Zimbabwe is experiencing yet another severe episode of load-shedding, affecting not only households, but also most companies countrywide.
These prolonged power outages will aggravate an already biting economic crisis. This also comes at a time when the entire world is concentrating on the FIFA 2022 World Cup.
According to a recent announcement from Zesa, the nation will endure 16-hour loadshedding.
Zimbabweans will face a depressing holiday season as the cost of basic necessities such as food items continue to rise.
Retailers attribute the price rises largely to the ongoing power shortages.
Zimbabwe has been suffering from severe power shortages for several years owing to inadequate inflows into the Kariba Dam caused by periodic droughts and due to the failure of aging coal-fired power plants.
Many businesses now depend on generators to keep running, but they cannot operate them continuously for a long time.
Recently, tobacco producers begged the government for assistance to lessen the detrimental effects of the present electrical crisis on farming.
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According to reports, a tobacco crop worth US$300 million that was irrigated is in danger because load shedding is making it difficult for the curing of the golden leaf to take place.
As electricity shortages wreak havoc across the nation, it was also reported that Zesa made an appeal for assistance to large miners by forming the Energy Intensive Users Group (EIUG) to offer off-take guarantees in hard currency for shared access to power.
Before Fortune Chasi was appointed Energy and Power Development minister, the country faced a similar power problem in 2019.
Chasi suspended the Zesa executive chairman, a move which was welcomed by many.
That decision is an example of what needs to be done with many key bodies, which are crucial to service delivery.
As Energy minister, Chasi excelled, implementing greater changes that helped the nation return to normalcy.
However, President Emmerson Mnangagwa fired a competent minister who ensured the country had uninterrupted power supplies during his tenure.
Chasi was relieved of his duties as Energy minister in August 2020.
Zimbabwe primarily depends on Kariba South Power Station, the largest power-producing facility with a total generation capacity of 1050 megawatts and the country's only hydroelectric plant.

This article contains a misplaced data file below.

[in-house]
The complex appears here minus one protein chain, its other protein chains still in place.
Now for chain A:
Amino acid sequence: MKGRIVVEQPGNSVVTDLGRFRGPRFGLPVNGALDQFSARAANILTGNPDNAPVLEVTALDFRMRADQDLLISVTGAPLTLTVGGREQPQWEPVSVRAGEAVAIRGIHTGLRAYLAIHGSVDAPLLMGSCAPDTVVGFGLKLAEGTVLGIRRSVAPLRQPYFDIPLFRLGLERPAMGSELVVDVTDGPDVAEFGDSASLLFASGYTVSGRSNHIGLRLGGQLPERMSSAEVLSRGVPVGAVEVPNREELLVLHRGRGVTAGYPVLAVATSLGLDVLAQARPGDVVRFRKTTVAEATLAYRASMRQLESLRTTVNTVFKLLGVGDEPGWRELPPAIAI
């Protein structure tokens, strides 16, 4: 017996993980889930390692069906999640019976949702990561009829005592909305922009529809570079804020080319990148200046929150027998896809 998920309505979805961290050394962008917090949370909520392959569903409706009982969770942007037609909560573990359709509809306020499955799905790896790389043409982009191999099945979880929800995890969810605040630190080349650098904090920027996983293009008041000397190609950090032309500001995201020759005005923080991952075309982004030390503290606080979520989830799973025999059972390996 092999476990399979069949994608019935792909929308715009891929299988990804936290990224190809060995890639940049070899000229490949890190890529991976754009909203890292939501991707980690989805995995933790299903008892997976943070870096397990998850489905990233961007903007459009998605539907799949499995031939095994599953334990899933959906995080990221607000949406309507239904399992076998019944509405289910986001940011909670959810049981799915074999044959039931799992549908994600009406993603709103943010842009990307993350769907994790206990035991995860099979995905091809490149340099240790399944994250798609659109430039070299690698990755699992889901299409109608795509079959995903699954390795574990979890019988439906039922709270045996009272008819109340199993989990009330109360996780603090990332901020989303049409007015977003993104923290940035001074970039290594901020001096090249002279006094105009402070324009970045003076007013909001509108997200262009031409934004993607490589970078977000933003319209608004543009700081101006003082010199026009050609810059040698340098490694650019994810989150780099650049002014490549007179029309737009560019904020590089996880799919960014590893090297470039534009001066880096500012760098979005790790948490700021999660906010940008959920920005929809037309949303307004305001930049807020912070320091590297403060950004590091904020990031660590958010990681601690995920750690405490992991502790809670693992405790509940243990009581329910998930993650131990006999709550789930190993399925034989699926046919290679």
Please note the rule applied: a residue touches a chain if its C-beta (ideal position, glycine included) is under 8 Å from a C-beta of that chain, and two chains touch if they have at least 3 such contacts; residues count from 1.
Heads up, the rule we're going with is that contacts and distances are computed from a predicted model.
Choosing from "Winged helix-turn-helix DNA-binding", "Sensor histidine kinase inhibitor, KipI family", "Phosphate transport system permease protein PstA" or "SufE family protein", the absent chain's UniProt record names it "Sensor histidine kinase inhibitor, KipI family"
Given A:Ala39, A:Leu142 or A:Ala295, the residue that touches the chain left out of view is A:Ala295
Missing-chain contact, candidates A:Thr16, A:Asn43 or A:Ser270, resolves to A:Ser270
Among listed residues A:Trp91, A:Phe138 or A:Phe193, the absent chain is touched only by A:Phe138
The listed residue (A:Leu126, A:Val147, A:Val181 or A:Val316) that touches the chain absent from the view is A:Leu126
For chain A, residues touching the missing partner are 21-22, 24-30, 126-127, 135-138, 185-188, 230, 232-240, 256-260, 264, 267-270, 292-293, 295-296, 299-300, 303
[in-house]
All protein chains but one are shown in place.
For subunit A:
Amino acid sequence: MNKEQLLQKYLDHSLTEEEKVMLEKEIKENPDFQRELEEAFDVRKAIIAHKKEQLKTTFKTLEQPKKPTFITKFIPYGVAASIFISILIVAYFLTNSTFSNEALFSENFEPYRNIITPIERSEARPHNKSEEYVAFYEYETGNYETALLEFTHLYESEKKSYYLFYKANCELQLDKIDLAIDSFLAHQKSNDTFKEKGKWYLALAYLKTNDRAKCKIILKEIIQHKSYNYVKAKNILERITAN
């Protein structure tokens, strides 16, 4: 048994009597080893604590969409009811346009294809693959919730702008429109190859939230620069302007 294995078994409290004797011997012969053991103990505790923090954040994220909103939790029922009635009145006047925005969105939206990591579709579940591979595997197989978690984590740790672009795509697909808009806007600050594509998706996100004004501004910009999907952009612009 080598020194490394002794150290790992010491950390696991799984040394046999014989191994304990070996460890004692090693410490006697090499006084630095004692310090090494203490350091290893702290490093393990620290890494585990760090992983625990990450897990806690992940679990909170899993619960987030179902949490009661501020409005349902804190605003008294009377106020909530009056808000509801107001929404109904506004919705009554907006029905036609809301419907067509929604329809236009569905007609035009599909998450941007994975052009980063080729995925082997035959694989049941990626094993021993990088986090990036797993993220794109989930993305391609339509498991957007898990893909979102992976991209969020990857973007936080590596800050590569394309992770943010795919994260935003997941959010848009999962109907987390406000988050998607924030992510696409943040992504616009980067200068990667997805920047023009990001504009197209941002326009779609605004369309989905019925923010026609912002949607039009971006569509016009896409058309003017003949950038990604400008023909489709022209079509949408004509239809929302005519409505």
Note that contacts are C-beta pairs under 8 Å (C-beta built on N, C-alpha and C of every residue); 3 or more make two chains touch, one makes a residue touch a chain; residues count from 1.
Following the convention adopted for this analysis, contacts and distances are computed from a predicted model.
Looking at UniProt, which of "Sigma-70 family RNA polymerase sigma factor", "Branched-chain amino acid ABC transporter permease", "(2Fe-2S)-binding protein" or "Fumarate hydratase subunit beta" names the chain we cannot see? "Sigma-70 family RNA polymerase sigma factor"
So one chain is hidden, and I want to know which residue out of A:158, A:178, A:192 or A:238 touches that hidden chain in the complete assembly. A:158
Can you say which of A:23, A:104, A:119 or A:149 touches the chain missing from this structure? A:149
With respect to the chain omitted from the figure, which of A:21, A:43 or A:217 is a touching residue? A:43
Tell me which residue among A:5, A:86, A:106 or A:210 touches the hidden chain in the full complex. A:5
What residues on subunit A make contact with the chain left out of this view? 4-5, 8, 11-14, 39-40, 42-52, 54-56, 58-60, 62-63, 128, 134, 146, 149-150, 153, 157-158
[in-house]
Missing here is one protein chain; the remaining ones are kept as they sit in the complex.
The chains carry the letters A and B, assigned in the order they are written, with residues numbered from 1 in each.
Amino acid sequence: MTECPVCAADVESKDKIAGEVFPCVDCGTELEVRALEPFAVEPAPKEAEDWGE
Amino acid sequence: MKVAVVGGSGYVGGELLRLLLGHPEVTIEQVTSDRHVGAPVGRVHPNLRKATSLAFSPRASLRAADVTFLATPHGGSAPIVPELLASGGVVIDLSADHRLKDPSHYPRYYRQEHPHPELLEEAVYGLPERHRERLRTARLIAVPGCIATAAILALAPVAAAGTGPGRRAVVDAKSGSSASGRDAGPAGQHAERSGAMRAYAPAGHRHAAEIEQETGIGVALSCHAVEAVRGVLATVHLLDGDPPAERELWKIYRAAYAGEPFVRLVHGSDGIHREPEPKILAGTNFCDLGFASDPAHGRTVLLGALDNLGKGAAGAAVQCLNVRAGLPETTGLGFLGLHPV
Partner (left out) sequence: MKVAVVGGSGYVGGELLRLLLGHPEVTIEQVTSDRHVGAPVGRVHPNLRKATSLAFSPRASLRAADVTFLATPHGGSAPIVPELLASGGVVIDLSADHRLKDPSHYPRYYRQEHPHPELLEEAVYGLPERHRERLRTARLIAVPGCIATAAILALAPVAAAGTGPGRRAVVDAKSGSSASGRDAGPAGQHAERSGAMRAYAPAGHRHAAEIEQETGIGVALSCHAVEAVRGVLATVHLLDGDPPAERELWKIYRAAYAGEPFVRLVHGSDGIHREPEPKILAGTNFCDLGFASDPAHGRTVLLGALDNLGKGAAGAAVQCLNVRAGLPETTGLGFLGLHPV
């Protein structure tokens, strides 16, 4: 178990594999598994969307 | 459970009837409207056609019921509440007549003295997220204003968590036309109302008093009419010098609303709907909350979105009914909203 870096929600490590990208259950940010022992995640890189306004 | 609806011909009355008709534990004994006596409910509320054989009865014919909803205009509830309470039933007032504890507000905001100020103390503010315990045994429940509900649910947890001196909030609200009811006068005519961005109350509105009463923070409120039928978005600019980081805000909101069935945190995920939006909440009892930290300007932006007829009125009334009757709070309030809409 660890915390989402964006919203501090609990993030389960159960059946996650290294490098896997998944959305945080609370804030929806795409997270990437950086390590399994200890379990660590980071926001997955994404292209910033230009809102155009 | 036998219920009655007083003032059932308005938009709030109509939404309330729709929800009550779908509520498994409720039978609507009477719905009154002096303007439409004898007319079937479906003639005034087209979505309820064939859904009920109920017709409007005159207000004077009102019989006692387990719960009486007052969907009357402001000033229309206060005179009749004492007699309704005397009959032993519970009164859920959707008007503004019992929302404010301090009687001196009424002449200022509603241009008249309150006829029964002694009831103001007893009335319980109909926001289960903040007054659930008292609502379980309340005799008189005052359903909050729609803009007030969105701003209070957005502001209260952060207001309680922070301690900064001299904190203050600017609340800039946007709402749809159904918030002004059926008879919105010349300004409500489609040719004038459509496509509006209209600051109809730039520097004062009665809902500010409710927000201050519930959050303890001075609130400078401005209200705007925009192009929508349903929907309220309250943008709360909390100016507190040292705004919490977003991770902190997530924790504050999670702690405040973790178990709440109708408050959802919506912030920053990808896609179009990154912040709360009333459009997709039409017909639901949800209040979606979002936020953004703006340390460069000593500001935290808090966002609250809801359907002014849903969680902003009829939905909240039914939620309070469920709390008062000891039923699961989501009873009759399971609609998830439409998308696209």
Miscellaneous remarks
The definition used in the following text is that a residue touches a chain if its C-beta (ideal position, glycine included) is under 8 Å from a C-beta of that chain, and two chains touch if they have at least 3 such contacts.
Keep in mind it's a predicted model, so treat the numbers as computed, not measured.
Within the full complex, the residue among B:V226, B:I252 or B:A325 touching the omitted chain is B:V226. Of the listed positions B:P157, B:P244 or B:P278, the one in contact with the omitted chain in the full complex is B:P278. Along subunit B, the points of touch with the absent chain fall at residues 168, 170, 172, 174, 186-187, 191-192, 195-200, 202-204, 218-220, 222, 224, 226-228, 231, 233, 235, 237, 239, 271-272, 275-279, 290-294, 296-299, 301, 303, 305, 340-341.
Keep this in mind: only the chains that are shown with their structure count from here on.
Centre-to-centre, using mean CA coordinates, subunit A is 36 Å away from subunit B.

The country also has four thermal power plants, including the largest coal-fired power plant in the world, Hwange Power Station, with a 920MW capacity.
Sadly, Zimbabwe is once again experiencing a severe power outage.
Some have blamed Zimbabwe's power generation sector's bad state on poor management, a lack of investment in renewable energy sources, and the Hwange Thermal Power Station’s frequent breakdowns.
Hwange is an old thermal power plant that frequently malfunctions.
Power generation is sometimes limited due to poor plant availability and coal stockouts.
Without properly running businesses, there will be little to no revenue generated, which is bad for the economy.
Zimbabwe's situation is made worse by the sharp increase in power consumption that has occurred since the 2017 political transition.
In Zimbabwe, the power problem is worse than it has ever been.
This will prevent the economy's growth and development.
The social economy will suffer significant financial losses due to power outages.
The Zimbabwean government must assess the economic damage caused by power outages and find answers for urgent problems rather than putting off urgent problems.
The long-standing energy issue is a stark illustration of Zimbabwe's severe economic situation, which is highlighted by corruption, the misuse of public funds, poor management, and a lack of reforms.
*Evans Mathanda is a journalist and development practitioner who writes in his personal capacity. For feedback email: email@example.com or call 0719770038 and Twitter @EvansMathanda19